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Do your homework; then cast your ballot

October 12, 2017
Cape Coral Daily Breeze

On Wednesday, the Lee County Supervisor of Elections Office mailed approximately 25,497 vote-by-mail ballots in advance of the City of Cape Coral General Election. Additional requests will be filled as they come in through Nov. 1.

It is likely that the voters choosing this method to cast a ballot will determine who will fill the five Cape Coral City Council seats up for grabs in the Nov. 7 General Election.

Why do we say this?

Of the 14,899 residents who voted in the Oct. 3 Cape Coral City Council Primary, 11,112, or almost three-fourths, did so via mail.

And that was less than 40 percent of the 29,872 voters who requested mail ballots.

Mail ballots have become the method of choice, meaning candidates have to be a lot quicker off the mark to make their pitch to voters, many of whom are making their decisions well in advance of Election Day - or even early voting.

Voter convenience is certainly not a bad thing though the ease of casting a ballot from home has done little to boost turnout, an abysmal 12.98 percent in the Cape Council Primary.

If you requested a mail ballot for the General, we urge you to take the time to fill it out and return it.

One, with more than half the city council seats, including the mayor's race, to be decided Nov. 7, it's your only opportunity until 2019 to have a voice in who sets the Cape's tax rates and who determines where that money goes.

Two, mail ballots don't come cheap. Every one requested and not returned is an expense Cape taxpayers foot twice, once for the postage and processing and then again in the aftermath of voter apathy that can - and has - resulted in the election of candidates with small but fierce followings.

Sometimes that's worked out fine. Other times, well, as Thomas Jefferson pointed out, the government we elect is the government we deserve.

What Cape Coral deserves - indeed what Cape Coral needs - is the best government it can elect.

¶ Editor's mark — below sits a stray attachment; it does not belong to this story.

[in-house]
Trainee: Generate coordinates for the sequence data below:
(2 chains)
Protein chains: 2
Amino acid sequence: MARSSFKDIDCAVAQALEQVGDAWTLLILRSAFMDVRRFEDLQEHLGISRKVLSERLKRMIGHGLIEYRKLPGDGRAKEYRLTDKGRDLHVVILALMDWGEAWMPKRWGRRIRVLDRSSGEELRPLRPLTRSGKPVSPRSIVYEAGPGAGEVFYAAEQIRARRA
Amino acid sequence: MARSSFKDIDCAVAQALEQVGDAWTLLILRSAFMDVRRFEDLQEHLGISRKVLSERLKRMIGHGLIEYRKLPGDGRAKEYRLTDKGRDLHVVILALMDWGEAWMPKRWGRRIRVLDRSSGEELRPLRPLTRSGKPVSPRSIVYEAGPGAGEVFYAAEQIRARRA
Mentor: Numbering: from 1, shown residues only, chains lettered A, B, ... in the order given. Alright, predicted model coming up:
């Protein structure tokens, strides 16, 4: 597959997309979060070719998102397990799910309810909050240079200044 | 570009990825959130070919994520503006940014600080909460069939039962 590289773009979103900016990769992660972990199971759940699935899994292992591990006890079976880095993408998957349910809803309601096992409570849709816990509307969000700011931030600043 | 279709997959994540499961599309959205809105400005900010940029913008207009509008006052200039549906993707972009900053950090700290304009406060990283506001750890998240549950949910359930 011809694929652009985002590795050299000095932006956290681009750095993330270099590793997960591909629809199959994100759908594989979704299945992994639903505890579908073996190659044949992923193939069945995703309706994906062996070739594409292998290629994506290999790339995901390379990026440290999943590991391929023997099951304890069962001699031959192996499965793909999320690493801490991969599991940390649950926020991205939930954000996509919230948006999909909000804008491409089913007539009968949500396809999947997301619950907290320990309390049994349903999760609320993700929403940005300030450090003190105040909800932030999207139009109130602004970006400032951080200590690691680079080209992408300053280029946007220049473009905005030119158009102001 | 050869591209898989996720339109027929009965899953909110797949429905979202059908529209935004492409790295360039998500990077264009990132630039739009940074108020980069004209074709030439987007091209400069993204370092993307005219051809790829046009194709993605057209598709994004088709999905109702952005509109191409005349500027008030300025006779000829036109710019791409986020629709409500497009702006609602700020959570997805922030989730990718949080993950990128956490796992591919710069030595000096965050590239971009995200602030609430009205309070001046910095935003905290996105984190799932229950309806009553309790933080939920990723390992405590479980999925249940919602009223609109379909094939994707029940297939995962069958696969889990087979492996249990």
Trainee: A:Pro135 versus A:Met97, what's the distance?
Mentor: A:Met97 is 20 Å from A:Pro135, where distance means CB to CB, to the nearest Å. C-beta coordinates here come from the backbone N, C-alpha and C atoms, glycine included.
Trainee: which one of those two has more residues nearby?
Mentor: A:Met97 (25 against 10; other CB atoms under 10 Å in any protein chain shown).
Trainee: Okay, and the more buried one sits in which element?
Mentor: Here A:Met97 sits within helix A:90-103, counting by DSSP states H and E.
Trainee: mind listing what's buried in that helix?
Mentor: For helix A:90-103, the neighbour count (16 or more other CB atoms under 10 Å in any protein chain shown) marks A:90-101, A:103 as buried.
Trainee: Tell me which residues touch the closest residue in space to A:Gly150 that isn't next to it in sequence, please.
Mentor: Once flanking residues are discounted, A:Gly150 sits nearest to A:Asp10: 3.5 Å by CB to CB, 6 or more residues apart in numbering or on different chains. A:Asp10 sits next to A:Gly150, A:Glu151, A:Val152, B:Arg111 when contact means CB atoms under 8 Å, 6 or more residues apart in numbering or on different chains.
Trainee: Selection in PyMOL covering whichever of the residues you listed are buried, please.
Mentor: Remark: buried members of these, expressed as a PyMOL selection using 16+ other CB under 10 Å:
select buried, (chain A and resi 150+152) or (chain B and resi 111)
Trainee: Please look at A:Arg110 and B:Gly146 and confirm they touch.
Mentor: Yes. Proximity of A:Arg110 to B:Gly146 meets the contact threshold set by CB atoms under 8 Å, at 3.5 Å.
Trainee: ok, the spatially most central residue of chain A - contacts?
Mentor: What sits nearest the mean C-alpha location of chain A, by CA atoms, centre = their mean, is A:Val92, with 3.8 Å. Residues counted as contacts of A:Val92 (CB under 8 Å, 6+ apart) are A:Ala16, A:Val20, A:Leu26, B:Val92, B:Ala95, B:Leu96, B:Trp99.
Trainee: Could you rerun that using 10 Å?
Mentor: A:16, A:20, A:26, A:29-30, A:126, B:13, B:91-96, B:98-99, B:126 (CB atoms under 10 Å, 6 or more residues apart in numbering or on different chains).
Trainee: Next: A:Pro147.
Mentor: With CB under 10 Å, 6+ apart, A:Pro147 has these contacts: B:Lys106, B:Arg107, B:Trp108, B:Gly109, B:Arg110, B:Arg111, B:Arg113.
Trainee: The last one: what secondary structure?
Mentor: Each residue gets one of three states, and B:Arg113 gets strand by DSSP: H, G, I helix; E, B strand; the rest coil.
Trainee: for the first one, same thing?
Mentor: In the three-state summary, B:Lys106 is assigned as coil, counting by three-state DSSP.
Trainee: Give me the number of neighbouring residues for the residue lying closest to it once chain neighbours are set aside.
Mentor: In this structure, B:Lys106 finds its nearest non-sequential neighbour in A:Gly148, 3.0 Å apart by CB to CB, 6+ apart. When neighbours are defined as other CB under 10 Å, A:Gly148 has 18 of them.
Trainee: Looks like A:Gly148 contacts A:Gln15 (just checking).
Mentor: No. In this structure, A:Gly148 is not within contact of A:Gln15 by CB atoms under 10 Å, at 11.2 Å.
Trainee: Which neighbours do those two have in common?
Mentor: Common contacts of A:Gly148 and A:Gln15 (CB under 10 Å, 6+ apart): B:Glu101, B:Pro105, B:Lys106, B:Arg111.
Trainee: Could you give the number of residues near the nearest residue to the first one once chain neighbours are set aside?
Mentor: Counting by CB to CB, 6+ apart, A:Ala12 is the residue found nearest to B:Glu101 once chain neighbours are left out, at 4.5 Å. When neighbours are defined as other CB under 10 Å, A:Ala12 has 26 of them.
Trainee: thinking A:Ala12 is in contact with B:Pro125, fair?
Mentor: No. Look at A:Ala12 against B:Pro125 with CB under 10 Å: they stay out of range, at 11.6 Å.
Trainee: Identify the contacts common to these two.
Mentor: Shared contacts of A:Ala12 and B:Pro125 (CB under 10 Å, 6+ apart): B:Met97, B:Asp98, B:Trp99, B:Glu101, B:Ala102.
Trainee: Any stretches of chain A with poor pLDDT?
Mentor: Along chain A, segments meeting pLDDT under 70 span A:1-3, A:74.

For that reason, we urge everyone with a mail ballot, everyone who intends to early vote Oct. 30 - Nov. 4, and everyone who likes to wait for Election Day to choose wisely.

If you've done your homework and are ready to fill in those five ovals, that's great.

If not, hang onto those mail ballots a bit.

Invest a little more time.

Attend the Political Mythbusters Candidates Forum sponsored by the Chamber of Commerce of Cape Coral, Cape Coral Civic Association, Cape Coral Construction Industry Association and the South Cape Industry Associations. They will team up next Wednesday, Oct. 18, with the forum set 5:30 p.m. to - 8:30 p.m. at the Cape Coral Yacht Club, 5819 Driftwood Parkway.

Voters are invited to "see if your City Council and Mayoral Candidates can bust some of our political myths about the City of Cape Coral."

Attend the city-sponsored candidate Q&As set for 7 p.m. Oct. 26 and Oct. 27. If you can't go, catch the live stream at, watch on CapeTV or replay at your convenience.

Call the candidates, check out their web sites and literature and review news stories and candidate bios.

There are lots of options out there to help you pick the person you believe will best represent your interests - and the city's as a whole.

For easy access, The Breeze has grouped all of its election coverage, along with its issues-related candidate Questions of the Week online at . See page 10A of today's Breeze for the latest and look under News, Elections 2017 for the archives.

For those who are interested, or just curious, The Breeze also will be making candidate endorsements this election cycle in all five races.

These recommendations, which will include the reasons behind our choices, are scheduled to appear next Friday in the Oct. 20 edition of The Breeze.

We invite you to read.

We urge you to do your due diligence.

And, if the direction the city takes for the next four years is important to you, we strongly suggest that you vote.

An informed electorate that cares enough to cast a ballot is not only what Cape Coral deserves - it may be the cure for what ails us.

- Breeze editorial



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